Often, when organizations are trying to make change happen, it comes down to a couple of levers that they need to pull to start the motion. It might be organizational structure, or process, or communication. Almost always, it’s a combination of things that need to be addressed in order to cause change to happen. But every single time, part of the equation is human behavior. When I ask the leaders in the companies I work with how they intend to change human behavior, the first thing they say usually revolves around compensation.
I’m certain that there has been a time when I’ve asked that question and gotten an answer that wasn’t related to compensation, but candidly, it’s pretty rare. At least part of the answer is usually about adding the new behavior to the list of performance items that affect their bonus, or worse, threatening to take money off the table if they don’t perform the new trick. It seems to be part of our business DNA that we use money to motivate people to do anything, anytime, in any way.
It’s ironic then, that anytime I work with a leader who has accomplished anything of significance and I ask them what motivated them to make it happen, they never say “I did it for the money.” Maybe it really was the money, but they just don’t want to admit it. If that’s the case, please ignore the rest of this article.
Certainly there are times when people are motivated by money. Without it, life gets pretty difficult. But it can’t be the only way we get people to make change happen in our enterprise. The other side of compensation, threatening to remove it, doesn’t work in a sustainable way either.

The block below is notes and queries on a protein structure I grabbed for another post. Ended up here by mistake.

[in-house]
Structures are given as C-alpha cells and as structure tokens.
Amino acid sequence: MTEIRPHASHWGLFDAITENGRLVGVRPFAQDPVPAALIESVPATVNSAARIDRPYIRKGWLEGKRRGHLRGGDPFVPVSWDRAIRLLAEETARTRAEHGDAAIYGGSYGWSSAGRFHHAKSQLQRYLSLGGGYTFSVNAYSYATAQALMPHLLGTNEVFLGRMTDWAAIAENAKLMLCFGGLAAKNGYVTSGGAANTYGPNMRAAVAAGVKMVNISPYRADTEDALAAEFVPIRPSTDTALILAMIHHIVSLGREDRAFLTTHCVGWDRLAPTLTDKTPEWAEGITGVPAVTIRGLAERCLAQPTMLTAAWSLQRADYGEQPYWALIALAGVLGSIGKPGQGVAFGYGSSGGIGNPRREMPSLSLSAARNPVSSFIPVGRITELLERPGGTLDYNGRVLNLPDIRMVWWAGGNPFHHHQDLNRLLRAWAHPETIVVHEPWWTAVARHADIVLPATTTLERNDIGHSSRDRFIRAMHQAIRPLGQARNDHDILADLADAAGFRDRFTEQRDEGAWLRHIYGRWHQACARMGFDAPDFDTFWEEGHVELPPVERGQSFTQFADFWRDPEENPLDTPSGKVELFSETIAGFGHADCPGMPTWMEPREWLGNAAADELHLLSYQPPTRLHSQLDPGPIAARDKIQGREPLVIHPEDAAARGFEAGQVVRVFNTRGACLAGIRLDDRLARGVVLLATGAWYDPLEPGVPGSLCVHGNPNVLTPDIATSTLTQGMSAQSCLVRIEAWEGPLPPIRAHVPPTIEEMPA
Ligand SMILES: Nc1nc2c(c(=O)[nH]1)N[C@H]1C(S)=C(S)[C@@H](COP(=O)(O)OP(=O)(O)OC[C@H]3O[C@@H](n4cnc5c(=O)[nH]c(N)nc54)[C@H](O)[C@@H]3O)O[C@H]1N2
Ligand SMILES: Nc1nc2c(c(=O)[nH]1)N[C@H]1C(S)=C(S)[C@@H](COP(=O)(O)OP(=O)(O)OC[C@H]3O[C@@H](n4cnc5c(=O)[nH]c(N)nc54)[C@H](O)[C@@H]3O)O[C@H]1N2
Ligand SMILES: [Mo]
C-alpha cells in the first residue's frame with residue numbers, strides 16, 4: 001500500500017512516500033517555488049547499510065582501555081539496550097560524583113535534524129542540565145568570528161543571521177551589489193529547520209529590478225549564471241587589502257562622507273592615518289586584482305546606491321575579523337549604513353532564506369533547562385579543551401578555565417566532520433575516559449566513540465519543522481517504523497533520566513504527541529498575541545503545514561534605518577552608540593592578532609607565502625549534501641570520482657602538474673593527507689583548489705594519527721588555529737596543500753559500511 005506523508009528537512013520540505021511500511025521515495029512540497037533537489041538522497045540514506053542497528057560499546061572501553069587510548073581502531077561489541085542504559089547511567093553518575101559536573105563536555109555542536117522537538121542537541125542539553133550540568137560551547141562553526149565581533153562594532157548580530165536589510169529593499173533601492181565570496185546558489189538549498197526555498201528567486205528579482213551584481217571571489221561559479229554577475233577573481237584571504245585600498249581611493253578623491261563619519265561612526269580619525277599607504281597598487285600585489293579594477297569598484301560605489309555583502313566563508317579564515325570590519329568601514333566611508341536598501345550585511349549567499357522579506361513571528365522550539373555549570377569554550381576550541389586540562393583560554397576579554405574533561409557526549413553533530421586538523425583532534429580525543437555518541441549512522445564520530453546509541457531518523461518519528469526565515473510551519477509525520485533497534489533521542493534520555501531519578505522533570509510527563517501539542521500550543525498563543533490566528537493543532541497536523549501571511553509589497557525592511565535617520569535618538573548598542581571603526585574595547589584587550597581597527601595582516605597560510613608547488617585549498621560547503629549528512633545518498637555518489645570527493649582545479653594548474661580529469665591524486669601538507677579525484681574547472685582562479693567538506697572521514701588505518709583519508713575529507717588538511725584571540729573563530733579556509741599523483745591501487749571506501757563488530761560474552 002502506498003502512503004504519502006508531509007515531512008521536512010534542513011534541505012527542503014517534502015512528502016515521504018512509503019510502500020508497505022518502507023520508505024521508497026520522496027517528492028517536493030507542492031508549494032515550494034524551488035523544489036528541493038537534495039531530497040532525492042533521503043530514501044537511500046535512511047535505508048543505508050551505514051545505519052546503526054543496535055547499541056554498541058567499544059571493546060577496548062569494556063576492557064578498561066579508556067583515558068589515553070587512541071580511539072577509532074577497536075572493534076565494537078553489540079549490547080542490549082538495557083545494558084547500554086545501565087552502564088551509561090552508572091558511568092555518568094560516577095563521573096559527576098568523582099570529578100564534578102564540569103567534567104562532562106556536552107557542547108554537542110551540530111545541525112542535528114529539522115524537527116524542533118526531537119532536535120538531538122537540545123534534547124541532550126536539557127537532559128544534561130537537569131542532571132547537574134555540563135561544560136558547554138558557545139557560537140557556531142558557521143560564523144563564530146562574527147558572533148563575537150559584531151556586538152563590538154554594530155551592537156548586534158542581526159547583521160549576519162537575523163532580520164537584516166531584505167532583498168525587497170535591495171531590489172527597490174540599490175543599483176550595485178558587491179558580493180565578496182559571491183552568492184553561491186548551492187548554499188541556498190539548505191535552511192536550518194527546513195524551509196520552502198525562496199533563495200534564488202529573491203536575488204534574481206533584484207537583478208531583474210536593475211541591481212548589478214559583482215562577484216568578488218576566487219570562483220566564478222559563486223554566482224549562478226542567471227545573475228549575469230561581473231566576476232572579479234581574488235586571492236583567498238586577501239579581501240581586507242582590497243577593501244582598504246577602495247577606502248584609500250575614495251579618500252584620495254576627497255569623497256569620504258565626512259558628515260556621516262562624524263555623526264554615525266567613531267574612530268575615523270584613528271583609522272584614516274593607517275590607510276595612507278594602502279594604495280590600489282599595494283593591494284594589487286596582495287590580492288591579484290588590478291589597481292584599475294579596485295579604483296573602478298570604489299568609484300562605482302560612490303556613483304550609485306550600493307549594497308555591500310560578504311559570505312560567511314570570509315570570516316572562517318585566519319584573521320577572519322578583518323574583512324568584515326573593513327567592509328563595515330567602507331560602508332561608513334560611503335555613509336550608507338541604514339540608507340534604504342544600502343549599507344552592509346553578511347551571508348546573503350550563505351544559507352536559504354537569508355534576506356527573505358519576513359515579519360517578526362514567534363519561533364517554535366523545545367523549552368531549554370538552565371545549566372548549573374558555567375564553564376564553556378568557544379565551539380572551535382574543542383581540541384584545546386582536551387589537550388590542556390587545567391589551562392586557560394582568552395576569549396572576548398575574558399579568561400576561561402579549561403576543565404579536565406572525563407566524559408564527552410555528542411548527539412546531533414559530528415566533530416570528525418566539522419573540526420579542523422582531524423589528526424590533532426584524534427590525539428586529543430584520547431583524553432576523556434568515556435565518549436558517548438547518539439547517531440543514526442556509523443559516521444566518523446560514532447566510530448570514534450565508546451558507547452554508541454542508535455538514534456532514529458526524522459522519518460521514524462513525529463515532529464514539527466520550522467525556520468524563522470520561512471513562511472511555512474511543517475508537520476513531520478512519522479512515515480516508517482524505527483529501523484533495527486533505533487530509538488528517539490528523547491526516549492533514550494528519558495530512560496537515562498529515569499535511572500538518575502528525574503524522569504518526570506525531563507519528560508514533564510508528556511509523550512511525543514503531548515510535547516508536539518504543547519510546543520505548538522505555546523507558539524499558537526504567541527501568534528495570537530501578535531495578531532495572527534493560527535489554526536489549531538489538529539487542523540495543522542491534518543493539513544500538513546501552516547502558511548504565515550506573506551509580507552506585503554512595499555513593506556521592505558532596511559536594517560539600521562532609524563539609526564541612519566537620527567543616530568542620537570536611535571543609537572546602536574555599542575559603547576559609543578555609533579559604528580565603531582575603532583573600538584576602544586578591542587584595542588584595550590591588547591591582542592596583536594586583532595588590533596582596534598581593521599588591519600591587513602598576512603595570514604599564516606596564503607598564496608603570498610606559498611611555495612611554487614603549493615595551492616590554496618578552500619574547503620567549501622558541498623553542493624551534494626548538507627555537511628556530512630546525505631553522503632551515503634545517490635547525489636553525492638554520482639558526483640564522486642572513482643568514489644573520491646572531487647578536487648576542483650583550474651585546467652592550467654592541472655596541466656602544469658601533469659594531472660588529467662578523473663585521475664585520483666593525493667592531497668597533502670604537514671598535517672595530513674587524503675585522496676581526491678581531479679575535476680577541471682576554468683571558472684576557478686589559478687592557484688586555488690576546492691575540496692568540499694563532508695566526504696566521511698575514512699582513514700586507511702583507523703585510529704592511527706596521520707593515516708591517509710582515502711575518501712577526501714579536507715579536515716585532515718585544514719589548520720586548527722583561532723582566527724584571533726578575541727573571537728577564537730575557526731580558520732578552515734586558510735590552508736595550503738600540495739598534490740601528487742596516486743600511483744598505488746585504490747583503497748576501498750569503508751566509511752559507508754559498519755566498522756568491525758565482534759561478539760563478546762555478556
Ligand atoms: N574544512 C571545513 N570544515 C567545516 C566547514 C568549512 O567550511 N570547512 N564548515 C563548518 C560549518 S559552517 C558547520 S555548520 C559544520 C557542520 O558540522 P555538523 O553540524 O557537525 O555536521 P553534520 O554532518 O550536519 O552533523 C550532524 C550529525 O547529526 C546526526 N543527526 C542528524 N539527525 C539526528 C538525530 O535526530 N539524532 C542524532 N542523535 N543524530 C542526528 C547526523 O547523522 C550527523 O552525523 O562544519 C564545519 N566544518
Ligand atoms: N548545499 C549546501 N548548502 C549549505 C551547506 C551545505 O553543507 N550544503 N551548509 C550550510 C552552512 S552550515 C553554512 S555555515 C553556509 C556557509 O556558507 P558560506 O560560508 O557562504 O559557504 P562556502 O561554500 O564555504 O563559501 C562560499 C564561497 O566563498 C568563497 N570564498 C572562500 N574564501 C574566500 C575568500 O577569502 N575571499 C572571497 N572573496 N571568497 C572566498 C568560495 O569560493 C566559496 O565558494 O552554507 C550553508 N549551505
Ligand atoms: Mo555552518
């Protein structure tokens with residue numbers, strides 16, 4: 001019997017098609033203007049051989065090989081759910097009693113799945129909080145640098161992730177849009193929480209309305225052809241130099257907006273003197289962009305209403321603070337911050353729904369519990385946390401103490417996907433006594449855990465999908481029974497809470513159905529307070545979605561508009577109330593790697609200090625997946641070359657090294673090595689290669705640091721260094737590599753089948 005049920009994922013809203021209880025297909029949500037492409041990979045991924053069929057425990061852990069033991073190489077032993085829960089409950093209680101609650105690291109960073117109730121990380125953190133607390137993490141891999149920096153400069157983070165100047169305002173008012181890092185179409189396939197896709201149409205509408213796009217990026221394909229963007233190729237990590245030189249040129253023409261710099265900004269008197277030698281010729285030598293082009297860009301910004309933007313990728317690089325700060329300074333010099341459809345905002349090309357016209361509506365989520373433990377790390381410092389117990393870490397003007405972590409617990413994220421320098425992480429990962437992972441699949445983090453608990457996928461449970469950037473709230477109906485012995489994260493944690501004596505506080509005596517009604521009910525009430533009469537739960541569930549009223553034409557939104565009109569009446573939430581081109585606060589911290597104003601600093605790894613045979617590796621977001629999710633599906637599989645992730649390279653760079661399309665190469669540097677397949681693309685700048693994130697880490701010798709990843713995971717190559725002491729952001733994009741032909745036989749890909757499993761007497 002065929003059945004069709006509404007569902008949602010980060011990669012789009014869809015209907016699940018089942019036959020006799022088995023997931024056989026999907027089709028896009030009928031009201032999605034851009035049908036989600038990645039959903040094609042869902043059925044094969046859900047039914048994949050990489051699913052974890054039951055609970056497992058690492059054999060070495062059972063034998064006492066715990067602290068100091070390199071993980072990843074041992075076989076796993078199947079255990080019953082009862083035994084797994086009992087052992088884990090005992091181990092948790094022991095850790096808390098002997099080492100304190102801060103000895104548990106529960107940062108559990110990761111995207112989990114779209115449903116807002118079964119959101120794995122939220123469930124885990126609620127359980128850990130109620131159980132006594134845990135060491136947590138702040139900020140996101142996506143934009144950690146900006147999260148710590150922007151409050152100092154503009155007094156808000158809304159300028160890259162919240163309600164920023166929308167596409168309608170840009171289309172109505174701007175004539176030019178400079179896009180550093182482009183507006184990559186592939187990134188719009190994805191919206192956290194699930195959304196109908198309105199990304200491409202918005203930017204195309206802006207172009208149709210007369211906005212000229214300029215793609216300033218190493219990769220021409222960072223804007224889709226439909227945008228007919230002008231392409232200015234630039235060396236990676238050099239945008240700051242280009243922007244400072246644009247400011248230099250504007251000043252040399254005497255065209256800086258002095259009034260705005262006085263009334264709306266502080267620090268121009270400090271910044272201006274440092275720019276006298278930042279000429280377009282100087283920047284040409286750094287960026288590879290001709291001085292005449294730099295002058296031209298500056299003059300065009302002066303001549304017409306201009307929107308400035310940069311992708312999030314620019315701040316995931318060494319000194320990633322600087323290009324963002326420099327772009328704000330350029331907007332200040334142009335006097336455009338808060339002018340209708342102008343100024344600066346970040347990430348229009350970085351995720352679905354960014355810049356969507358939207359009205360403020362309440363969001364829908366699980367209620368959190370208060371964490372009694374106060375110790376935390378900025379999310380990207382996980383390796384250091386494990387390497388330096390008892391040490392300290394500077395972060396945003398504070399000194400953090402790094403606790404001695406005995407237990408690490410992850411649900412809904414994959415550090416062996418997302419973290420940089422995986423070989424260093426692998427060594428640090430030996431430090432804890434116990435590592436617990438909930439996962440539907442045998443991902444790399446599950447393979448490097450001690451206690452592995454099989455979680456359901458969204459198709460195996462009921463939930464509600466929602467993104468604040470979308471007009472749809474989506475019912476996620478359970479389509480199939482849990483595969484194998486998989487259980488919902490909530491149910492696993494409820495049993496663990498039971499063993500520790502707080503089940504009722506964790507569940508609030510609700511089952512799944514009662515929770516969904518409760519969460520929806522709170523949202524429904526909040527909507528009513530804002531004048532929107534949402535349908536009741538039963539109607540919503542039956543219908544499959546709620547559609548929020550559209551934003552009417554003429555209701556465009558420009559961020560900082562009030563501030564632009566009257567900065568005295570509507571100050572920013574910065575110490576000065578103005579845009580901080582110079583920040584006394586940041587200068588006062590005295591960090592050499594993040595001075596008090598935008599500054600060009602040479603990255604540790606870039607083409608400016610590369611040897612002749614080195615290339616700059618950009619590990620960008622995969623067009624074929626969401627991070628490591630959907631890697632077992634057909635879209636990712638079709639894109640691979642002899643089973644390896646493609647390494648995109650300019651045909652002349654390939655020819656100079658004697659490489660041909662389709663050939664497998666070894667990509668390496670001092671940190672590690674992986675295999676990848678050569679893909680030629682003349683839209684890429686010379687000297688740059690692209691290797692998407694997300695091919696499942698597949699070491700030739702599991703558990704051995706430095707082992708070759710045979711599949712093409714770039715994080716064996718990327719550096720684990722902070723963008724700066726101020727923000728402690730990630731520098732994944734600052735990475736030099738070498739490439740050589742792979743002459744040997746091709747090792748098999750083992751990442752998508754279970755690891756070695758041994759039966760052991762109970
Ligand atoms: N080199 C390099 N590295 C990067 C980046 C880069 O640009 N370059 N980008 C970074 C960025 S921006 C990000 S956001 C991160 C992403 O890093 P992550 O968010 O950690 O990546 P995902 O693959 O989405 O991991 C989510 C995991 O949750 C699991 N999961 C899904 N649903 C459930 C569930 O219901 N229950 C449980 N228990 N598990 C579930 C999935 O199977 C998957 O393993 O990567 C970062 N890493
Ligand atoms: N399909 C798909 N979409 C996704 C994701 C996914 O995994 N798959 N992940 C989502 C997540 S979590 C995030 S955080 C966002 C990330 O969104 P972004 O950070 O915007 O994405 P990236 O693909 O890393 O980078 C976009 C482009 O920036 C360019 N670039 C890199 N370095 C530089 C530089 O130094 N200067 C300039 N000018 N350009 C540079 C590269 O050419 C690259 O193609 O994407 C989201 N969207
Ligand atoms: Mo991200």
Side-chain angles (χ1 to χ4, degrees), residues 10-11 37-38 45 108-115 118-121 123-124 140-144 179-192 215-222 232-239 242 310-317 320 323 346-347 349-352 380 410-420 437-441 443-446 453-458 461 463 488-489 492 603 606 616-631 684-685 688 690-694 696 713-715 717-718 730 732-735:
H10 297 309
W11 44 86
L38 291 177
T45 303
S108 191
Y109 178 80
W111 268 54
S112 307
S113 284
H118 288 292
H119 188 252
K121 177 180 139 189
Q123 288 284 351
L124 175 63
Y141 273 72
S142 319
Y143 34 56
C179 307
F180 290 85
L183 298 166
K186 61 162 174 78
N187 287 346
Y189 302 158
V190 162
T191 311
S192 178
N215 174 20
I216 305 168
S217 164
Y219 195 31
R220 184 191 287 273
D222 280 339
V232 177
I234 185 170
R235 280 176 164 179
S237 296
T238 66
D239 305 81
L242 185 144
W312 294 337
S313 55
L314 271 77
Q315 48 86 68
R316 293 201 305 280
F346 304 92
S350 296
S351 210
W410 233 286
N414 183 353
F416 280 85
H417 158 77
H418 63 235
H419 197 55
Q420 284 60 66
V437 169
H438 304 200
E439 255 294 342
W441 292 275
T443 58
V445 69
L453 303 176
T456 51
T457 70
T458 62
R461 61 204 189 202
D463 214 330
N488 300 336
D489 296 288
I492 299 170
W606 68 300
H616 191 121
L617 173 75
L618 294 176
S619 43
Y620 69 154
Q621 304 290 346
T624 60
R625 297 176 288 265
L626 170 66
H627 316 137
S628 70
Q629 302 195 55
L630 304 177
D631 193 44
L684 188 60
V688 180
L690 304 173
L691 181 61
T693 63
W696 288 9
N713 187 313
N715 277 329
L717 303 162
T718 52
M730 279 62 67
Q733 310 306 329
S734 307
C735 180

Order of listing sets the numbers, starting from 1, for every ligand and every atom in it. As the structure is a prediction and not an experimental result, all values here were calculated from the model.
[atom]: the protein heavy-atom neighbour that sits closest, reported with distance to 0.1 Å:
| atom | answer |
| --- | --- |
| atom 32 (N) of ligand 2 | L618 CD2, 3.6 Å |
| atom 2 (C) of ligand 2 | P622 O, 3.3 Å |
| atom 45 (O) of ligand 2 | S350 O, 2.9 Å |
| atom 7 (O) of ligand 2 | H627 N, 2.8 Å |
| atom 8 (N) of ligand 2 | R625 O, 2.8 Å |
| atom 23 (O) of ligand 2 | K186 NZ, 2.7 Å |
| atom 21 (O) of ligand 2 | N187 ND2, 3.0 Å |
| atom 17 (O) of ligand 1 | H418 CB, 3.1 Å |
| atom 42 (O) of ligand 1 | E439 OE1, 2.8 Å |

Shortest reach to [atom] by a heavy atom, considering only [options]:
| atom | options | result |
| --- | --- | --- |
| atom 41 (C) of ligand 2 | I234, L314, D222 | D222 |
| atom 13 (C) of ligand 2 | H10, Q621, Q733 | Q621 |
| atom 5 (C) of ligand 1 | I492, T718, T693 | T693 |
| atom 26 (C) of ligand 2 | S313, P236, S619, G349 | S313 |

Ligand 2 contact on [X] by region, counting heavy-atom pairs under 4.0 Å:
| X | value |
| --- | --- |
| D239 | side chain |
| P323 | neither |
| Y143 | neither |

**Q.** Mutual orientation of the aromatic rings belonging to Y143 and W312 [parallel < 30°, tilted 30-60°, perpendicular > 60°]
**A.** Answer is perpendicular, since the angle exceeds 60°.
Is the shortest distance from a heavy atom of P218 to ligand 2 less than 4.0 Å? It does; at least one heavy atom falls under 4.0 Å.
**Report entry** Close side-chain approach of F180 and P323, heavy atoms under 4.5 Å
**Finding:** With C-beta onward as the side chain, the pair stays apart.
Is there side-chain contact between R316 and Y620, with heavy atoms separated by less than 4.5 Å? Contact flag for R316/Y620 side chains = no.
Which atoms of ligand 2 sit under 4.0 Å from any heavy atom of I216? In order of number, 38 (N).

While it’s not how most of the world operates their business, people simply aren’t motivated solely, or even mostly, by money unless they don’t have any. People are motivated by a much more complex system of desires, goals, wants and needs than by a few more dollars.
People make changes in how they do their jobs when four criteria are present:
They want to
They think they can
They know how
They see others doing it
In rare cases, exceptional individuals are capable of needing only the first three, but for the most part, all four need to be present to some degree to sustain change in the workplace.
Money only partially affects the first of those requirements and usually for a short period of time. Real change requires coaching, learning, alignment with personal goals and a different culture driven by leaders. People will want to do things because they are worth doing and because they believe in the people who are asking them to try something new and different, far faster than they will do them for a bigger bonus.
Effective leaders understand how to help people make lasting changes and how to create an environment where change has fewer barriers. Many people think change starts at the top because that’s where the authority is. The reality is that while authority can start change, only leadership can sustain it.